Results for: vice-presidents
Early Settlers Burying Ground Cemetery, N. Main Street
Bethel

, OH

Resting here among other pioneers are: Obed Denham, native of Plainfield, New Jersey, donor of this plot, founder of Bethel in 1798, and pioneer abolitionist; Thomas Morris, antislavery leader, veteran state legislator, U.S. senator 1833-1839, and Liberty Party vice presidential nominee 1844; Reader Wright Clarke, U.S. representative from the Clermont District 1865-1869, and U.S. Treasury second auditor 1869-1870; “The Unknown Hunter”; befriended by Obed Denham and the first person buried in this hallowed ground.

270 Main Street/US 36
Warsaw

, OH

Colonel William Simmons (1757-1823) served in the Continental Army under the command of General Washington. Appointed as Accountant of the War Department by Washington and served under Presidents Adams, Jefferson and Madison. For his services in the Continental Army, received a land grant in the northeast section of Jefferson Township in Coshocton County.

770 Duck Run
Rushtown

, OH

Branch Rickey, a pivotal figure in the history of baseball, was raised in this house with his brothers, Orla and Frank. Rickey started baseball’s farm team system while he was president, vice president, and manager of the St. Louis Cardinals from 1917-1942. As president of the Brooklyn Dodgers from 1942-1950, he signed Jackie Robinson to a major league contract, which resulted in the desegregation of baseball. “The Mahatma,” as Rickey was known, also ran the Pittsburgh Pirates from 1950-1955. Rickey’s career in major league baseball began in 1904 as a Cincinnati Red. Later he played with the St. Louis Browns and the New York Highlanders (now known as the Yankees). Branch Rickey was born in 1881 and died in 1965. He was posthumously inducted into the Baseball Hall of Fame in 1967. His grave is located approximately one mile southeast of this marker on the eastern edge of Rush Township Cemetery.

City Park
Loudonville

, OH

A pioneer in automotive innovation, Charles Franklin Kettering (1876-1958) was born three miles north of Loudonville. He attended local schools and graduated from Ohio State University in 1904. He organized the Dayton Engineering Laboratories Company (Delco) in 1909, which later became a part of General Motors (GM). “Boss Ket” served as vice-president of research for GM until 1920 and held over 140 patents (including four-wheel brakes, safety glass, and “ethyl” gasoline), achieving his greatest fame for an all-electric starting, lighting, and ignition system. The electric starter debuted on the 1912 Cadillac and was soon available on all cars, helping to popularize them with women. In 1945 he helped establish the Sloan-Kettering Cancer Research Institute in New York.

SE corner of OH 58 and OH 162
Huntington

, OH

Myron T. Herrick, Governor of Ohio from 1904 to 1906, was born in Huntington Township in 1854 and lived here until age 12. A respected Cleveland attorney and businessman, Herrick was a friend and confidant to Senator Mark Hanna and Presidents McKinley, Taft, and Harding. His public service career culminated in two appointments as ambassador to France, from 1912 through the outbreak of World War I in 1914, and again from 1921 until his death in 1929. Enormously popular with the French people, Herrick escorted Charles Lindbergh in Paris after his historic 1927 transatlantic flight.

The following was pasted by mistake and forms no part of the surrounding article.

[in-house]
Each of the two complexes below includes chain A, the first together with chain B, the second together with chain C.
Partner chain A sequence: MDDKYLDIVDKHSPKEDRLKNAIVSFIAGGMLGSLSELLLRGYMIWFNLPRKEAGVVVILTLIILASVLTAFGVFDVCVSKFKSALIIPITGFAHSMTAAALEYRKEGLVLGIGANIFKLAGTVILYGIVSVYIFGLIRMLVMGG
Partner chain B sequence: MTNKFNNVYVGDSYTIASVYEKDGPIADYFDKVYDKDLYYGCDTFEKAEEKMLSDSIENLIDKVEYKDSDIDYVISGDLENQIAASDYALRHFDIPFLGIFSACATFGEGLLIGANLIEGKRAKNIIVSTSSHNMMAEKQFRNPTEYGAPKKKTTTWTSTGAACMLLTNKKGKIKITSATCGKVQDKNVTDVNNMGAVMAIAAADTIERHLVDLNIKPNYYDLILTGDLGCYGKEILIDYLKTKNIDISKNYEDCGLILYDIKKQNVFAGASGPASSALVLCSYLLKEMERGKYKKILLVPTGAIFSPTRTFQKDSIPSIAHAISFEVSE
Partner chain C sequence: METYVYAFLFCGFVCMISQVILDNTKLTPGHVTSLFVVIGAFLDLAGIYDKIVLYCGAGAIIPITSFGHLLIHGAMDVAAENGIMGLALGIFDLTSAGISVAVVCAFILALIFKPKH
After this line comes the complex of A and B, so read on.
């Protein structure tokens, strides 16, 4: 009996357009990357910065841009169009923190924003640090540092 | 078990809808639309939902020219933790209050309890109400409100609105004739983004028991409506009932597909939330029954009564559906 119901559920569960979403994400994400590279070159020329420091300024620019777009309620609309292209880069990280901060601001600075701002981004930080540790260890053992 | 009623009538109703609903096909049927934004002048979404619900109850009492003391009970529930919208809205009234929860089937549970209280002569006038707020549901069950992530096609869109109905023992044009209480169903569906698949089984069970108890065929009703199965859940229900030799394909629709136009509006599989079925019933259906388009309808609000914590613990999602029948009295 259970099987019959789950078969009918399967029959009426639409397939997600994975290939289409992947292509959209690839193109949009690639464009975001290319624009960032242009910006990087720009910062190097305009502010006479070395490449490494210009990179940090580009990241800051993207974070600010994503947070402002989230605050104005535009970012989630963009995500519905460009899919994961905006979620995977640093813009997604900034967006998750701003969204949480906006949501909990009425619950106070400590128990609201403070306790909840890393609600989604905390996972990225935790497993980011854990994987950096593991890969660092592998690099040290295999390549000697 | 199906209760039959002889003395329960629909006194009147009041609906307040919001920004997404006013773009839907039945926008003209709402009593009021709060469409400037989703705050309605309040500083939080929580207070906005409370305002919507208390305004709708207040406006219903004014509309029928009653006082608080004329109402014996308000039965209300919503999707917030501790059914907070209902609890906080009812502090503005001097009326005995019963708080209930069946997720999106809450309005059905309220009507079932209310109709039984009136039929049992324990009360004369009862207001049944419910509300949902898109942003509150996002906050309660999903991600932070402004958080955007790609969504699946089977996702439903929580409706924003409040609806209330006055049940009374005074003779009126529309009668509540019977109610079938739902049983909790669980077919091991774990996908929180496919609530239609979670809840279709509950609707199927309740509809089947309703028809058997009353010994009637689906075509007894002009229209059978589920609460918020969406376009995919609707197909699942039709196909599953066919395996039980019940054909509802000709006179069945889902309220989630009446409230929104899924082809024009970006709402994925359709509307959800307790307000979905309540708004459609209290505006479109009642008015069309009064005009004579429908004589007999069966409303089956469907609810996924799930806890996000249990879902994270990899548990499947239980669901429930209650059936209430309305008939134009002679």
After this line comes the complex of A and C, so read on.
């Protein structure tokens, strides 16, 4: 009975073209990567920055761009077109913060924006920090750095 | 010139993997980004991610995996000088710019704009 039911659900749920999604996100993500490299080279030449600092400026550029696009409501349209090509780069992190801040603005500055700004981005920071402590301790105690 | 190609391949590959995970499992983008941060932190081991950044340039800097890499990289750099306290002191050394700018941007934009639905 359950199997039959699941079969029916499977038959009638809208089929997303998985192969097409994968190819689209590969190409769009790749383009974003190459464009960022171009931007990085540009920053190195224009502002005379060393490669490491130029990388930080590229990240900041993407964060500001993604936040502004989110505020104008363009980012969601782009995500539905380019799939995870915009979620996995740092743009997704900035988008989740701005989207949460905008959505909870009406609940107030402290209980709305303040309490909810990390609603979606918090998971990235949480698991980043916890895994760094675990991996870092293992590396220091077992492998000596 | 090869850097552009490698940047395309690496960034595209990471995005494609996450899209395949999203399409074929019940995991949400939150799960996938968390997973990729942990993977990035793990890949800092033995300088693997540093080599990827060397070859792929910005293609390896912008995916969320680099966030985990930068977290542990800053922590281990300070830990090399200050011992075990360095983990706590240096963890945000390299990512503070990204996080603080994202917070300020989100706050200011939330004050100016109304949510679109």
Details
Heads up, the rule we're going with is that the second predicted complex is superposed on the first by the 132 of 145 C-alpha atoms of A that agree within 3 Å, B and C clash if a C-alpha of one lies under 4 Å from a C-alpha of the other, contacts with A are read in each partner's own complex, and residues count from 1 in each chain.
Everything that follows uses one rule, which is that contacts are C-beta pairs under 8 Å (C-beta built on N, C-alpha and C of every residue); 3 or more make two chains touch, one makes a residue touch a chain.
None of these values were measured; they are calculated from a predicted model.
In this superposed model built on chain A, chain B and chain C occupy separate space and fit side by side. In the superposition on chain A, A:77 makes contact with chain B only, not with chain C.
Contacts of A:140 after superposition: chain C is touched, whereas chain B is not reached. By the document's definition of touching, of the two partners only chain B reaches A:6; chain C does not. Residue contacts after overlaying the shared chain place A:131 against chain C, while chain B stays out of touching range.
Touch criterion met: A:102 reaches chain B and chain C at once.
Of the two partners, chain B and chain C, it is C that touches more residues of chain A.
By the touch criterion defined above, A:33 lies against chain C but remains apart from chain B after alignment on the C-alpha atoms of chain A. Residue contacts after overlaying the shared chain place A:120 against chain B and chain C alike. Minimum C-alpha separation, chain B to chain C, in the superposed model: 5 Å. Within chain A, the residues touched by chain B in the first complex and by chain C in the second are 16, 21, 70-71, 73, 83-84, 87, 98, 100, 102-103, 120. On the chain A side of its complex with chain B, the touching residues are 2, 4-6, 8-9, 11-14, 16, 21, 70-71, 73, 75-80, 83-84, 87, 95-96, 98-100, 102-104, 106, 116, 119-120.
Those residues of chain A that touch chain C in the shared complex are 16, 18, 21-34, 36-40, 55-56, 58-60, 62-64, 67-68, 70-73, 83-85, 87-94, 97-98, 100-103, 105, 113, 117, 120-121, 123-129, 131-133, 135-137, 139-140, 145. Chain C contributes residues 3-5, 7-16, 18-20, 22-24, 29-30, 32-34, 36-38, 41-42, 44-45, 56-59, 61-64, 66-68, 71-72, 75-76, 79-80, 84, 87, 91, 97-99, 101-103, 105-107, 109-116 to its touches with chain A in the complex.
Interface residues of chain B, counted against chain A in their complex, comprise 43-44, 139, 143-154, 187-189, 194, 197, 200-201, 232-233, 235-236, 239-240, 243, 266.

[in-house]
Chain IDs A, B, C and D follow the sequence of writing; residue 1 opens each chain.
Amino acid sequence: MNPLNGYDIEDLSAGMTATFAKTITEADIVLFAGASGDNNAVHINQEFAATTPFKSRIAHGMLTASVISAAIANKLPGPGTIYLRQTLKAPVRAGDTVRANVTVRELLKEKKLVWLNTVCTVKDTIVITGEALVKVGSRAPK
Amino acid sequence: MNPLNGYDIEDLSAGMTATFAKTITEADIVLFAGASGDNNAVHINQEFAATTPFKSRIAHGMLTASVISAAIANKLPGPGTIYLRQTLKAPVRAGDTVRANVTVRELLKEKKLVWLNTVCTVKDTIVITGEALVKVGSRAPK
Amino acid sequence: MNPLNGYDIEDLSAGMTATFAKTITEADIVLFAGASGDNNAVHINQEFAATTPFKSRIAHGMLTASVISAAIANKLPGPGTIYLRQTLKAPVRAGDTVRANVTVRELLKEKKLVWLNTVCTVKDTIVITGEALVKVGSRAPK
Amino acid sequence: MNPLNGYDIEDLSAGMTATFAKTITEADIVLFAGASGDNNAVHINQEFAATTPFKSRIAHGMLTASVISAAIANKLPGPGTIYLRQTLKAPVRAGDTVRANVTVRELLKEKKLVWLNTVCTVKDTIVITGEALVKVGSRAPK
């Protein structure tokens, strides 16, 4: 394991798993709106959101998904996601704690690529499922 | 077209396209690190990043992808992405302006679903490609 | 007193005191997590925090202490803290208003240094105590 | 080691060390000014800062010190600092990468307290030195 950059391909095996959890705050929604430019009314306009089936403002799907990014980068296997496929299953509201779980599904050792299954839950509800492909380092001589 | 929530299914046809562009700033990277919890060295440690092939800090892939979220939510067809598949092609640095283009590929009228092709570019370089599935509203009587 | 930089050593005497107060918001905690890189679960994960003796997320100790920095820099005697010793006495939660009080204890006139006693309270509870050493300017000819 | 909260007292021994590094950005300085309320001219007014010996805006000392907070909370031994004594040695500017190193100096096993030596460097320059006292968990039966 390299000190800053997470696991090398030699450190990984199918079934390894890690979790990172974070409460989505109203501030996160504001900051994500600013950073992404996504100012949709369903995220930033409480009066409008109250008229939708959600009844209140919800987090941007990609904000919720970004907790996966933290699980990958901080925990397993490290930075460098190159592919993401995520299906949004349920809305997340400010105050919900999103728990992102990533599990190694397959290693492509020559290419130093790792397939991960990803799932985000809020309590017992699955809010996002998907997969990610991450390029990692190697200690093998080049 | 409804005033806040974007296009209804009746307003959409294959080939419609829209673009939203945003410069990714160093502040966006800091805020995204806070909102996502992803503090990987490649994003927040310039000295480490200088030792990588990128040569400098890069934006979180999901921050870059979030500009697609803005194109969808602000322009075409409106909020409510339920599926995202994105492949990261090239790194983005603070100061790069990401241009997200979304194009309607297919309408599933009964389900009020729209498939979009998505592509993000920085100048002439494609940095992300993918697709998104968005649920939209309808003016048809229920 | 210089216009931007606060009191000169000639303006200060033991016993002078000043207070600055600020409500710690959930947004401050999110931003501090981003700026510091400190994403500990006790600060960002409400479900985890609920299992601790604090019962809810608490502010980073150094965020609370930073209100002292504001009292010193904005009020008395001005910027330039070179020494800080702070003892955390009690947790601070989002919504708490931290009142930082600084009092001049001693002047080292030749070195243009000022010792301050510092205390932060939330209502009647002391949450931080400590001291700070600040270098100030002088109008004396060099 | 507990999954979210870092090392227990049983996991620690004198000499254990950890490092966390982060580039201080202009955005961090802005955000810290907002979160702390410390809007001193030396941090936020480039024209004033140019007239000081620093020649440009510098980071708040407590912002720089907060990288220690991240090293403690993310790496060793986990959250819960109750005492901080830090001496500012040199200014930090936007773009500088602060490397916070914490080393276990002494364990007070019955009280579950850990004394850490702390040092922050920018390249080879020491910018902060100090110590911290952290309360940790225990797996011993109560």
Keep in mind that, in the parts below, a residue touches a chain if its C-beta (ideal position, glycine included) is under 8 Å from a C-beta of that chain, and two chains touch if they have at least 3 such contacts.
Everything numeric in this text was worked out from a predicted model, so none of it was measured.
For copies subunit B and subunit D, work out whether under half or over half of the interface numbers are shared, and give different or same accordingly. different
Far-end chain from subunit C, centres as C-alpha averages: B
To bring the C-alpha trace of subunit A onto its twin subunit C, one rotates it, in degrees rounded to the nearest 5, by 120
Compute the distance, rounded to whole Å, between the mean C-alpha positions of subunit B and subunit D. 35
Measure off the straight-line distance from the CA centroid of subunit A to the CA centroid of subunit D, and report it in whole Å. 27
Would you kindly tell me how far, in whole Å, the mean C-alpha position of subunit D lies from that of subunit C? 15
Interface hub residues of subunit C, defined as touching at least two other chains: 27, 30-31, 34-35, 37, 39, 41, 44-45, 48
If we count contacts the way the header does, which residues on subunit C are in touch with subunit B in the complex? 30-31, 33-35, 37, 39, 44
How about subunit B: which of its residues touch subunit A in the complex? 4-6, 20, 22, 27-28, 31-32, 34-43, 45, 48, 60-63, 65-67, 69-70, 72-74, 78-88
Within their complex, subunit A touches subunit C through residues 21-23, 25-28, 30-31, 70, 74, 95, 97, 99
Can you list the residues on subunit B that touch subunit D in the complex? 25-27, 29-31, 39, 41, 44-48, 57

Village Green
Unionville Center

, OH

Charles Warren Fairbanks was born in a log cabin near this location in Darby Township on May 11, 1852 to Loriston and Mary Adelaide Fairbanks. The cabin was replaced by a two-story framed house where he was raised to adulthood. Fairbanks married Cornelia Cole in Marysville in 1874 and they moved to Indianapolis, Indiana, where he pursued legal and political careers. Cornelia died on October 24, 1913 followed by Charles on June 4, 1918. Both were laid to rest at Crown Hill Cemetery in Indianapolis.

527 S Center Street
Springfield

, OH

Robert C. Henry, the first African-American mayor of an Ohio city, was born in Springfield, Ohio, on July 16, 1921. He attended Springfield High School and graduated in 1939. After high school, he attended Wittenberg University and the Cleveland College of Mortuary Science. He also received an honorary Doctorate of Law degree from Central State University. In 1961, Springfield citizens elected him to the City Commission, where he served until being appointed mayor by his fellow commissioners in 1966. Henry was among the first African-American mayors of a U.S. city, and is especially notable due to Springfield’s majority white population at the time. After his tenure as mayor ended in 1968, Henry was chosen by presidents Lyndon B. Johnson and Richard M. Nixon for fact- finding missions in Vietnam. Robert C. Henry died on September 8, 1981.

134 North Washington St.
Greenfield

, OH

The factory of the C. R. Patterson & Sons Company once stood near here at 138 N. Washington Street. Established in the mid-nineteenth century by the black businessman Charles Richard (C. R.) Patterson and his white partner, J. P. Lowe, the business, originally known as J. P. Lowe & Company, became a successful carriage firm. Patterson became the sole owner in 1893 and changed the name to C. R. Patterson & Sons. After succeeding his father as owner, C. R.’s son, Frederick, became the first known African-American automobile manufacturer. Under his leadership, the company transitioned from building carriages to automobiles, then to trucks and buses to keep up with the changing demands of the transportation industry. (Continued on other side)